by values indicating whether a
type has zero or one top-level boxes; then we can use the indices to
enforce the appropriate rules. First, we define a data type `Boxity`

to act as the index for `Ty`

, and show that it has decidable equality:

```
data Boxity : Set where
: Boxity
[0] : Boxity
[1]
: DecidableEquality Boxity
Boxity-≟ = yes refl
Boxity-≟ [0] [0] = no λ ()
Boxity-≟ [0] [1] = no λ ()
Boxity-≟ [1] [0] = yes refl Boxity-≟ [1] [1]
```

My first attempt to write down a version of `Ty`

indexed by `Boxity`

looked like this:

```
module IndexedTry1 where
data Ty : Boxity → Set where
: B → Ty [0]
base _⇒_ : {b₁ b₂ : Boxity} → Ty b₁ → Ty b₂ → Ty [0]
_ : Ty [0] → Ty [1] □
```

`base`

always introduces a type with no top-level box; the `□`

constructor requires a type with no top-level box, and produces a type
with one (this is what ensures we cannot nest boxes); and the arrow
constructor does not care how many boxes its arguments have, but
constructs a type with no top-level box.

This is logically correct, but I found it very difficult to work with.
The sticking point for me was injectivity of the arrow constructor.
When defining decidable equality we need to prove lemmas that each of
the constructors are injective, but I was not even able to write down
the *type* of injectivity for `_⇒_`

. We would want something like this:

```
-inj :
⇒: Boxity}
{bσ₁ bσ₂ bτ₁ bτ₂ : Ty bσ₁} {σ₂ : Ty bσ₂} {τ₁ : Ty bτ₁} {τ₂ : Ty bτ₂} →
{σ₁
(σ₁ ⇒ σ₂) ≡ (τ₁ ⇒ τ₂) → (σ₁ ≡ τ₁) × (σ₂ ≡ τ₂)
```

but this does not even typecheck! The problem is that, for example,
`σ₁`

and `τ₁`

have different types, so the equality proposition `σ₁ ≡ τ₁`

is not well-typed.

At this point I tried turning to heterogeneous equality, but it didn’t seem to help. I won’t record here all the things I tried, but the same issues seemed to persist, just pushed around to different places (for example, I was not able to pattern-match on witnesses of heterogeneous equality because of types that didn’t match).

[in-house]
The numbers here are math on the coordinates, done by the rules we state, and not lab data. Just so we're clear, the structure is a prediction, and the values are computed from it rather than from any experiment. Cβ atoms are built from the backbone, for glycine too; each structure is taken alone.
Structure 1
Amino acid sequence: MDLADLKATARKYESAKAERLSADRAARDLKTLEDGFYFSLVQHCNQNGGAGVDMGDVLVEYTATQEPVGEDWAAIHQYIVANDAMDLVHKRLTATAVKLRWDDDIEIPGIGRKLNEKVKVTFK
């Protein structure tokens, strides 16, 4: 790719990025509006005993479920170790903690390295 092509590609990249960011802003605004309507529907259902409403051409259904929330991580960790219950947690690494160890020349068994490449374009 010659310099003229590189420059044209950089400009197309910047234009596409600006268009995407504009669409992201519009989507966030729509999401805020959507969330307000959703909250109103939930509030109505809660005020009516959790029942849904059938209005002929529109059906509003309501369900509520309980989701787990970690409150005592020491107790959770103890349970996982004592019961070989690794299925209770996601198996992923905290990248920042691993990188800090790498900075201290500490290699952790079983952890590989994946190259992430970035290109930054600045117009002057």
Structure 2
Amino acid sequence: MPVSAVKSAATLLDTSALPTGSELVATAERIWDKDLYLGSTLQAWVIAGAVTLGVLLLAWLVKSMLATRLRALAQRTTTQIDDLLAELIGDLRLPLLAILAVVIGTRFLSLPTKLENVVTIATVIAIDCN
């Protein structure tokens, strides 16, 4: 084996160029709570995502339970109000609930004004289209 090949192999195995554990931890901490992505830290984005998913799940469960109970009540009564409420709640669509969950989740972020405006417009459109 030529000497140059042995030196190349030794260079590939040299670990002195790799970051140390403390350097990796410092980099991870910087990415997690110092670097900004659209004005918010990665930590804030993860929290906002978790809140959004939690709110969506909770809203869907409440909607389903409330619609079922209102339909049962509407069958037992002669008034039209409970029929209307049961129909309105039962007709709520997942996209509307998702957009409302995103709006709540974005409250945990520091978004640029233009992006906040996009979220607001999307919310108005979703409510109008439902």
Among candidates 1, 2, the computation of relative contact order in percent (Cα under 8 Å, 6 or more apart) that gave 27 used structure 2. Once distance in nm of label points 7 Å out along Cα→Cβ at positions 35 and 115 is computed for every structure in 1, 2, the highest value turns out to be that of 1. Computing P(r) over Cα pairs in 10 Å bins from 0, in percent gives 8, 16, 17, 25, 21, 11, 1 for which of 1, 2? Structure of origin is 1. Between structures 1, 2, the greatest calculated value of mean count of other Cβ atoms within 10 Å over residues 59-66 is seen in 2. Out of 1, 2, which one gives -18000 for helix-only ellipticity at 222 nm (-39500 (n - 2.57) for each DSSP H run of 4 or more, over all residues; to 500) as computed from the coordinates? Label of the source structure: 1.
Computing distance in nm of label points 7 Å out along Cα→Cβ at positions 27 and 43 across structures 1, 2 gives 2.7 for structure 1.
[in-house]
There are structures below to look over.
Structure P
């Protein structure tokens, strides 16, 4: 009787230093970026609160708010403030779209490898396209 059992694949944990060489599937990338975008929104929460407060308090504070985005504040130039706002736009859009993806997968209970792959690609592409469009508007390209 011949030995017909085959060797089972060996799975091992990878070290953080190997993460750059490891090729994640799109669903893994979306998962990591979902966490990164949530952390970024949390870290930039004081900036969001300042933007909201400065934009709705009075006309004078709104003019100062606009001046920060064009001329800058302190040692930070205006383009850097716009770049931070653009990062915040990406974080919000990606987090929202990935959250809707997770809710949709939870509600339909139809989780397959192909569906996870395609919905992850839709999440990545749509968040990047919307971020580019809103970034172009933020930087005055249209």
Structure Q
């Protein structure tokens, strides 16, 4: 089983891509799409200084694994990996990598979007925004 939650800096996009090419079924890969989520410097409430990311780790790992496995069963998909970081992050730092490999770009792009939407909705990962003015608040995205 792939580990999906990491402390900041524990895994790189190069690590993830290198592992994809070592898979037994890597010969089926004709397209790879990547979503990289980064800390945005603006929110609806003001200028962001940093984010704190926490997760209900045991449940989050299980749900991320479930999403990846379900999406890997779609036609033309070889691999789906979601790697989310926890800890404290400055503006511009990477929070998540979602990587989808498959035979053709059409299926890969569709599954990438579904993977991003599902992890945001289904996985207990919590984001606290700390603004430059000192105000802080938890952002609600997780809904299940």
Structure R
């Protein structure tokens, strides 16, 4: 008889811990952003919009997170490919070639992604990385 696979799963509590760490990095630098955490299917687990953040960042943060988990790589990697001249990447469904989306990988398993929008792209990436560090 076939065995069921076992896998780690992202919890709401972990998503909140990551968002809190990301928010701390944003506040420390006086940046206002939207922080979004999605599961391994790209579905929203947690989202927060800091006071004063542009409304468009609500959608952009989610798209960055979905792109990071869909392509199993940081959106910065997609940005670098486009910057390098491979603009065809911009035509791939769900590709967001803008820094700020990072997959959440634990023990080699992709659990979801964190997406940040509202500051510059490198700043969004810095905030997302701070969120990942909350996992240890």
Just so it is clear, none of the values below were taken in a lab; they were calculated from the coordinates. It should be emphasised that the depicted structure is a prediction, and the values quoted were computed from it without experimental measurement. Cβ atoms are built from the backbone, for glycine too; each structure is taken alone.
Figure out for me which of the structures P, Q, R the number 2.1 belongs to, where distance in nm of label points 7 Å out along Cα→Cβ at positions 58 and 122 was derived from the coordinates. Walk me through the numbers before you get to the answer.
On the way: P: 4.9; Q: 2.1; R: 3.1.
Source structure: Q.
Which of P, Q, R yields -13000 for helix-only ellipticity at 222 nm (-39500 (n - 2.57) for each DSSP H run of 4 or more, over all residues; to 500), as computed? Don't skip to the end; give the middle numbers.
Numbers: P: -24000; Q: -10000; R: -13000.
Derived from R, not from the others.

## Sigma types to the rescue

At ICFP last week I asked Jesper Cockx
for advice,which felt a bit like asking Rory McIlroy to give some
tips on your mini-golf game

and he suggested trying to prove
decidable equality for the sigma type pairing an index with a type
having that index, like this:

```
: Set
ΣTy = Σ Boxity Ty ΣTy
```

This turned out to be the key idea, but it still took me a long time
to figure out the right way to make it work. Given the above
definitions, if we go ahead and try to define decidable equality for
`ΣTy`

, injectivity of the arrow constructor is still a problem.

After days of banging my head against this off and on, I finally
realized that the way to solve this is to define `Ty`

and `ΣTy`

by
mutual recursion: the arrow constructor should just take two `ΣTy`

arguments! This perfectly captures the idea that we *don’t care*
about the indices of the arrow constructor’s argument types, so we
hide them by bundling them up in a sigma type.

```
: Set
ΣTy data Ty : Boxity → Set
= Σ Boxity Ty
ΣTy
data Ty where
_ : Ty [0] → Ty [1]
□: B → Ty [0]
base _⇒_ : ΣTy → ΣTy → Ty [0]
infixr 2 _⇒_
infix 30 □_
```

Now we’re cooking! We now make quick work of the required injectivity
lemmas, which all go through trivially by matching on `refl`

:

```
: {τ₁ τ₂ : Ty [0]} → (□ τ₁ ≡ □ τ₂) → (τ₁ ≡ τ₂)
□-inj = refl
□-inj refl
: {b₁ b₂ : B} → base b₁ ≡ base b₂ → b₁ ≡ b₂